Thus, the ideal site-management software is a modular system: manufacturers can add new interfaces, templates and standards without having to reset the entire system. For example, once the core of the PCE Pilot Site Manager is installed, it remains stable; new interfaces and country requirements can be easily added as components. Most important, post-qualification and validation are only required for the new individual components, but are not required for the software core and hardware. This saves a great deal of valuable time and expense when adding these processes.
3. Single source advantage
Experience shows that the more suppliers who are involved in complex system environments, the greater the probability of error. It is therefore extremely important for pharmaceutical operations to work together with a general contractor that can deliver both hardware AND software.
4. Implementation experience
No pharmaceutical manufacturer wants to put itself in the hands of an inexperienced player in such areas as product safety. And they are wise to recognize the danger: delays during roll-outs or insufficient conformity with the latest legal provisions can lead to sensitive supply bottlenecks and expensive compliance violations.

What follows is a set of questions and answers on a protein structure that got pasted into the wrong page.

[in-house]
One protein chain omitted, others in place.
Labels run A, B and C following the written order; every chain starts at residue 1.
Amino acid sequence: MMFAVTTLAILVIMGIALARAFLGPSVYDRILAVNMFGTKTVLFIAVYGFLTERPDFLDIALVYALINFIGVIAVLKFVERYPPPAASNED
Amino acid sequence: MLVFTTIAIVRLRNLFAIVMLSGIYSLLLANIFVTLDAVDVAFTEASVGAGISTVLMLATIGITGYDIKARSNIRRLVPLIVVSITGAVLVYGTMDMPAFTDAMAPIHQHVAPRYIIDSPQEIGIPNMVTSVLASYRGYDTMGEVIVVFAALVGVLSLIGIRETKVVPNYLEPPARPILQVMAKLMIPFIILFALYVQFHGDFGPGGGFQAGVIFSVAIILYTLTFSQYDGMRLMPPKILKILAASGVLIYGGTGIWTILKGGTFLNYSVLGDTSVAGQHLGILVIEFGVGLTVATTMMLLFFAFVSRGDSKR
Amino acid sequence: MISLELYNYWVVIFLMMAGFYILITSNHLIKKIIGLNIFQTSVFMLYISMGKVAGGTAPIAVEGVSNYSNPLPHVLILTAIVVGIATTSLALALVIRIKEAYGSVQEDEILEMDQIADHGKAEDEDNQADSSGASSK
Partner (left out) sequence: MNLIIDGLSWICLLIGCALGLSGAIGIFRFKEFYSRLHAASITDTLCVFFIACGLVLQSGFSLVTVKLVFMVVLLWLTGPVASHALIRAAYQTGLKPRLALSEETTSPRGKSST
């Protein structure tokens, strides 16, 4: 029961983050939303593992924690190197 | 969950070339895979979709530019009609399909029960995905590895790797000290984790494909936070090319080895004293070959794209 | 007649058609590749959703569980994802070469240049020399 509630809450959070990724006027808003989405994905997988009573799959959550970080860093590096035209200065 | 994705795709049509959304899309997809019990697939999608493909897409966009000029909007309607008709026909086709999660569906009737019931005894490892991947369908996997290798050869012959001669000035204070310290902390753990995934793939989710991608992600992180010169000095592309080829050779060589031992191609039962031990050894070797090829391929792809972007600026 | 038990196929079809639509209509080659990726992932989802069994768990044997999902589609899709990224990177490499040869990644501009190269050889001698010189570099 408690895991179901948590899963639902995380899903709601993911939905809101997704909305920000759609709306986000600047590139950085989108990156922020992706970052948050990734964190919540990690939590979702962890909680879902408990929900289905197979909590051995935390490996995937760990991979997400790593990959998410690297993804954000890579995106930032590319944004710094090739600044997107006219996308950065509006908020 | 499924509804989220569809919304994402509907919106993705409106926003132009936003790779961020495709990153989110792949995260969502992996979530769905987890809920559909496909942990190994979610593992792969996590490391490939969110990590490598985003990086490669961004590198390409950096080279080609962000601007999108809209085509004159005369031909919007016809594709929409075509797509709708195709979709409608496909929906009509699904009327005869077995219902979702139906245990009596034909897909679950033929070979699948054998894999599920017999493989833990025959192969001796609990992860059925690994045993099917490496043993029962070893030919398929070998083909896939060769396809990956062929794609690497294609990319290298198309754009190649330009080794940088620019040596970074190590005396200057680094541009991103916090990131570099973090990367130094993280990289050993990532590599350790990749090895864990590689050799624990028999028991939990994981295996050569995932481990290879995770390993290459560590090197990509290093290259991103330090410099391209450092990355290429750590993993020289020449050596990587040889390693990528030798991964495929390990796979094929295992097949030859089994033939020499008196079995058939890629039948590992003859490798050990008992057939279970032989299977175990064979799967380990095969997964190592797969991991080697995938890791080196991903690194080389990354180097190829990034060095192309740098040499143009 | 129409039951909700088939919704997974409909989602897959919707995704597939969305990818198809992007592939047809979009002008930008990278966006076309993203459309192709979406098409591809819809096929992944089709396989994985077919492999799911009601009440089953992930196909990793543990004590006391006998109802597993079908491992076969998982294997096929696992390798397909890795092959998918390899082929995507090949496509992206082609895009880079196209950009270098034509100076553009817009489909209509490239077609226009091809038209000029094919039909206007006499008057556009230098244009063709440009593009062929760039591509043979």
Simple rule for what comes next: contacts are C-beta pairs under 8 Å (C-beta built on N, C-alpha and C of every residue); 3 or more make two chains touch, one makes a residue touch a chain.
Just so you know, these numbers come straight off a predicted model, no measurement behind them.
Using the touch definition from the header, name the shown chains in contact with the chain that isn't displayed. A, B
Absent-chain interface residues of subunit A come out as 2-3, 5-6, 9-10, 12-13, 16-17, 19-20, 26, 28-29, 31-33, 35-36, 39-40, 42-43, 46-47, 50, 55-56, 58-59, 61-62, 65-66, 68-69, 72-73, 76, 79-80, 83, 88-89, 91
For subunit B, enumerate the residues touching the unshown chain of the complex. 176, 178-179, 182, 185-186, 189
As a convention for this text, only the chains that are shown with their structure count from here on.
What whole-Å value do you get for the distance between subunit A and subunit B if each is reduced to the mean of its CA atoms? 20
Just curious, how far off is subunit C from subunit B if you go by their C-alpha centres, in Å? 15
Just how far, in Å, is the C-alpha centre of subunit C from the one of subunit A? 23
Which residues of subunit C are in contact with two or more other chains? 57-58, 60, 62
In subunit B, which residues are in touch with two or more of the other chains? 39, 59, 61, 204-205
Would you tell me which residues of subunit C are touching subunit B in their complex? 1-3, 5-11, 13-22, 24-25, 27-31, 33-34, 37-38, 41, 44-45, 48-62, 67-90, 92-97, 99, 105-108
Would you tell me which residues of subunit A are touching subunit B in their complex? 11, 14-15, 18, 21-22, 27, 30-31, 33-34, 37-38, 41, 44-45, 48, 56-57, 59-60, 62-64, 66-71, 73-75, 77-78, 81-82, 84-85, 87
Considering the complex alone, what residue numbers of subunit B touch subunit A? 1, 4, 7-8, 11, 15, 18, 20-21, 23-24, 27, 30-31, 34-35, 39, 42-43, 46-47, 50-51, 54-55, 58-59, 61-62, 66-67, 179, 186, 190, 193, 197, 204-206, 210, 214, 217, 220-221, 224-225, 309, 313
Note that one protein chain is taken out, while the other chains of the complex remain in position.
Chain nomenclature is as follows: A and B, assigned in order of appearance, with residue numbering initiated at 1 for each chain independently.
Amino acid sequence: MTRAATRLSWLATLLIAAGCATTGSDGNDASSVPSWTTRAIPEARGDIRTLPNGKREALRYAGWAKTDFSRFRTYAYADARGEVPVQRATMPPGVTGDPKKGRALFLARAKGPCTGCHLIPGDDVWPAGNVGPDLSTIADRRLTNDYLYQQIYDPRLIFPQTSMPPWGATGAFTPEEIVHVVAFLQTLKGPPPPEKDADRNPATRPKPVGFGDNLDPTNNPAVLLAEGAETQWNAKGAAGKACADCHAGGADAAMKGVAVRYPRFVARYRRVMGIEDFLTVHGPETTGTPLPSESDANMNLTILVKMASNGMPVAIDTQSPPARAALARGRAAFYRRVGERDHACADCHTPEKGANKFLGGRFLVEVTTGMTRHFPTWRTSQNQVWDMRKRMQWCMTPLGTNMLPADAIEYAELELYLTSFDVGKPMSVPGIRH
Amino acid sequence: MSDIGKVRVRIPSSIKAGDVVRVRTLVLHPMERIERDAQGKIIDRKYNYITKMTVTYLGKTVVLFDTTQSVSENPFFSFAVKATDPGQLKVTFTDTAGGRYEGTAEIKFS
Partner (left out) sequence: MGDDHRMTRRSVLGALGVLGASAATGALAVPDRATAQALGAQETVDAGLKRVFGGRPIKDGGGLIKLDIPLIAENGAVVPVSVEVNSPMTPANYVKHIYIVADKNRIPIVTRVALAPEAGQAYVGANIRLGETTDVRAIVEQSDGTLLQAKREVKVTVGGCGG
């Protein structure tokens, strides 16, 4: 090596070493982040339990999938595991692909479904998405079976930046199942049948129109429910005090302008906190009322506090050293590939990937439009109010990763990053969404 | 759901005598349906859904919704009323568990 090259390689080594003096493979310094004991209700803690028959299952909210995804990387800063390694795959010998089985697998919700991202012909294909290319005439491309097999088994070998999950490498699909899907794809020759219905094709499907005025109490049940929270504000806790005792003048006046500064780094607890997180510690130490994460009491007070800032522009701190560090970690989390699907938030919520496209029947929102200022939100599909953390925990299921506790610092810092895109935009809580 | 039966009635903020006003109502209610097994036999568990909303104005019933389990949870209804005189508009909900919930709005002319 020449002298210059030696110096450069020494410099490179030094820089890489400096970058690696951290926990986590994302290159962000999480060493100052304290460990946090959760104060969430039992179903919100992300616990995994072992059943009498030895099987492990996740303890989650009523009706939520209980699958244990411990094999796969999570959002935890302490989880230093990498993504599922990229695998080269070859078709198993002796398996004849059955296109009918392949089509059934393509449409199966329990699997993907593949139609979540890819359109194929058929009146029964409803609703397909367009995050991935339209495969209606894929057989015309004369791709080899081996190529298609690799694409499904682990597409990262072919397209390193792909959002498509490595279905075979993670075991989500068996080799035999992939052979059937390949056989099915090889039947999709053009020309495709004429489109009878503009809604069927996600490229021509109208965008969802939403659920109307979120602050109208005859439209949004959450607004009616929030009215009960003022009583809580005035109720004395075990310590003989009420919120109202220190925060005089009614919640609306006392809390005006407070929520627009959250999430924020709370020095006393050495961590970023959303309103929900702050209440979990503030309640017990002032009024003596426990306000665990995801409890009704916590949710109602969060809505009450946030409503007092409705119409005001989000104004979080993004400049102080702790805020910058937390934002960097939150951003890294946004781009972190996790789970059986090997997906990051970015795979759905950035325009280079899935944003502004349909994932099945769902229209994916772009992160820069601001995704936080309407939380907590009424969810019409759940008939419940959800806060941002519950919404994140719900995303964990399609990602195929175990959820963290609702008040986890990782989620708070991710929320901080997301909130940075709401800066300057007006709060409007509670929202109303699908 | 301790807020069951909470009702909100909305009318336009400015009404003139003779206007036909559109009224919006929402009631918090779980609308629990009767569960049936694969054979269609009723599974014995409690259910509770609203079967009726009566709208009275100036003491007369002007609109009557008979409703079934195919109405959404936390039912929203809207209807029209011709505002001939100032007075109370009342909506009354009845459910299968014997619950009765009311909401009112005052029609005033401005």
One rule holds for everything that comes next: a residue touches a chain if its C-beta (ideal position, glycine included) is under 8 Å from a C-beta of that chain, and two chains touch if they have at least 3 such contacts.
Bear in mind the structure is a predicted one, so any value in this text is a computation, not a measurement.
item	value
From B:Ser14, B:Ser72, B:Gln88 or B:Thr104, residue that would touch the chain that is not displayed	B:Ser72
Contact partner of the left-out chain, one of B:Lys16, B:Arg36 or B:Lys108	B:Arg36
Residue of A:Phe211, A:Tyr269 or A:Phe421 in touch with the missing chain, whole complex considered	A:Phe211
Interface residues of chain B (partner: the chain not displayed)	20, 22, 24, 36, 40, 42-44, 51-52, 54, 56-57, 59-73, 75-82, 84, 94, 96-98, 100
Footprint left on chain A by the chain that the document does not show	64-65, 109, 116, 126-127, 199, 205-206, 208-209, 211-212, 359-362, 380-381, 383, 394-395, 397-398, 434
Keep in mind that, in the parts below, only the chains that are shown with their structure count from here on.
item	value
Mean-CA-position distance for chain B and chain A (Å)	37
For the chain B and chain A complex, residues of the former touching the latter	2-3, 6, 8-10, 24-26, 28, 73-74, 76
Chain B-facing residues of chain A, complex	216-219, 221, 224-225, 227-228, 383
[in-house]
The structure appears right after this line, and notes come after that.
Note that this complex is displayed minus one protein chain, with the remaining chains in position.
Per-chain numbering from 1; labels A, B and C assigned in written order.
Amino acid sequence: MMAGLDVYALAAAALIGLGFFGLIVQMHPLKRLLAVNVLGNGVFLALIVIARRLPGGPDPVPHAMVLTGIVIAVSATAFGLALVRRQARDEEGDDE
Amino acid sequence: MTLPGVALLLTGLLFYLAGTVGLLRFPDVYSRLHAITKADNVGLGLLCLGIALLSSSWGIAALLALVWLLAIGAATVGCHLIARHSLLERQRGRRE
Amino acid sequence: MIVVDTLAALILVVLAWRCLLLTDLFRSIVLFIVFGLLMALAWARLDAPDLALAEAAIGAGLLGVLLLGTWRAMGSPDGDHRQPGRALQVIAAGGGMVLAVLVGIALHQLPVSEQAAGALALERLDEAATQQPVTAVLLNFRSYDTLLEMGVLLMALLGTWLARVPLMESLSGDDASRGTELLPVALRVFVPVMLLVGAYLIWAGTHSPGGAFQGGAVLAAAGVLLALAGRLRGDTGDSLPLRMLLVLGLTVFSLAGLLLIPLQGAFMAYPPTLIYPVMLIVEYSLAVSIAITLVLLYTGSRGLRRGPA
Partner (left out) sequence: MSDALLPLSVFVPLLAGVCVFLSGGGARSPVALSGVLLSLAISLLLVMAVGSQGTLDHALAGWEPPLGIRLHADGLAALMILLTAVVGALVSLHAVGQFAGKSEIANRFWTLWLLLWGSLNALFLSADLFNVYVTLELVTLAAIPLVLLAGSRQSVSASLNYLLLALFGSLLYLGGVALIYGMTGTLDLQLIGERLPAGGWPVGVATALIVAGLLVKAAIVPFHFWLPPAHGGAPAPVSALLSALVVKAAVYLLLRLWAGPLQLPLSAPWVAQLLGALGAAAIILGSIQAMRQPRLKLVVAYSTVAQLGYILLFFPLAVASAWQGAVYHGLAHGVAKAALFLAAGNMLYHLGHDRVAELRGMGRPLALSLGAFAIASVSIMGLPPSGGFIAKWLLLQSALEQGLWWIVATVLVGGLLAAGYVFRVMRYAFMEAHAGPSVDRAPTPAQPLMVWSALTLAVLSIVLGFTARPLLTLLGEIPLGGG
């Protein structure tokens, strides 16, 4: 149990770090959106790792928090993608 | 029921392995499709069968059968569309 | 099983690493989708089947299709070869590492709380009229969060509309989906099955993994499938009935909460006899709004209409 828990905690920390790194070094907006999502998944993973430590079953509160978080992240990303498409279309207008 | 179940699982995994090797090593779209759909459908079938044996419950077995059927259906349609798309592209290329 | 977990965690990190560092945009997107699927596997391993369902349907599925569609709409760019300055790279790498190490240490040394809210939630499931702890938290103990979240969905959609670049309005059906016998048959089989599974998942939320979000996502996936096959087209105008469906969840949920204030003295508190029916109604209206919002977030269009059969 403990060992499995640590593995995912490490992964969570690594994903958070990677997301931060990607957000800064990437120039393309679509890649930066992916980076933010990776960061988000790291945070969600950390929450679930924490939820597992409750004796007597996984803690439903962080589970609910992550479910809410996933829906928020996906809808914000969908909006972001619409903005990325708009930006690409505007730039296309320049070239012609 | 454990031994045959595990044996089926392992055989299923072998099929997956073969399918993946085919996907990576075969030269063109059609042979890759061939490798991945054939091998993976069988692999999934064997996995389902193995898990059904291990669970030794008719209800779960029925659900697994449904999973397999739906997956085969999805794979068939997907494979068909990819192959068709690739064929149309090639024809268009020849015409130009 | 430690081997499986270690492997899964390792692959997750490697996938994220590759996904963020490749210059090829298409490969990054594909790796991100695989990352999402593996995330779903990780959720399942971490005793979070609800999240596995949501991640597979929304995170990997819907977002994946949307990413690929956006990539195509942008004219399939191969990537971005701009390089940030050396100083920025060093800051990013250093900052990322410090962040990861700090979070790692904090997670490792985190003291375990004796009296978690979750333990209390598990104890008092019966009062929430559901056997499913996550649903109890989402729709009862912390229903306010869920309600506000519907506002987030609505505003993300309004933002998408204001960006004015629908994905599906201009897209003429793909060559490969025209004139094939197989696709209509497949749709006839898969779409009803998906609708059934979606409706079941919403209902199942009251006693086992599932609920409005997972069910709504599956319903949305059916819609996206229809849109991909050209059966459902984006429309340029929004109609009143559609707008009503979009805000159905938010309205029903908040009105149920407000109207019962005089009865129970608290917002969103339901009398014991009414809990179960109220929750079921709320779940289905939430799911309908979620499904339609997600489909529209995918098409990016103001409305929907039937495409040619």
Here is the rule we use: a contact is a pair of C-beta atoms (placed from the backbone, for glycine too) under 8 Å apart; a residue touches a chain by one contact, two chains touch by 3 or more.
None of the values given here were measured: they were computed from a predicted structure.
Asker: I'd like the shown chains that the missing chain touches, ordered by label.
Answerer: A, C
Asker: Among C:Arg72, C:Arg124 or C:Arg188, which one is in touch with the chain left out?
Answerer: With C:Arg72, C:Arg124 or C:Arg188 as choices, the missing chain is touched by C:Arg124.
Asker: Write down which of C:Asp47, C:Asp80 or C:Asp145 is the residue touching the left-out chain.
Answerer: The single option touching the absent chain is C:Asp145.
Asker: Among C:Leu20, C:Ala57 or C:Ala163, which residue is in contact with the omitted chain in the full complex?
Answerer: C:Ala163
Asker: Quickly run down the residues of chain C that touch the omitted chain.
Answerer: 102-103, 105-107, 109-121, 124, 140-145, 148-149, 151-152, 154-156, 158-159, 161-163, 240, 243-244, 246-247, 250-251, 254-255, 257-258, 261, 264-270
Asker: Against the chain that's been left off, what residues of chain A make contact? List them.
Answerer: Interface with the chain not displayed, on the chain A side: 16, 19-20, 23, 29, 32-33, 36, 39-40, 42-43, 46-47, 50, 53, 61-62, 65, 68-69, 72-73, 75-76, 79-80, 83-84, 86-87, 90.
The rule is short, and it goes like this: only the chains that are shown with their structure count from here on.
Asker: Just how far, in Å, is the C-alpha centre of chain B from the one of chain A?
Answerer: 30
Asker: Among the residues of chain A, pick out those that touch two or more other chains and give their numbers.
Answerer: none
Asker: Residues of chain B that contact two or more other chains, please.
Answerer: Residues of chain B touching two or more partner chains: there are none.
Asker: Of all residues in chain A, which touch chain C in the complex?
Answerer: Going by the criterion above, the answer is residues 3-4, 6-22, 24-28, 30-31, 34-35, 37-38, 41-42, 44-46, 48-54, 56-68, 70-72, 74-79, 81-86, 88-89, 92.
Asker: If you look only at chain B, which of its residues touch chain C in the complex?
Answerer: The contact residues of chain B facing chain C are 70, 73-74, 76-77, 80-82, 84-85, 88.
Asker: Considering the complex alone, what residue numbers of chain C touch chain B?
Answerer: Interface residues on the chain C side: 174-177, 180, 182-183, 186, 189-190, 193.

SAFETY WITH FLEXIBILITY
Pharmaceutical companies sometimes tend to react slowly to new serialization provisions, which results in changes to functioning processes that can increase the complexity of the entire operation. In fact, new provisions provide an excellent opportunity to implement a site-management system to bridge the gap between ERP systems and line components and to increase the overall efficiency of the company. These management systems reduce the effort of serialization and handle the new data complexity behind the scenes. At the same time, they bring the operating benefit of automating many production steps, or handle those steps directly from the office rather than through line operators. In short, a site-management system delivers both the required safety and the desired level of production flexibility.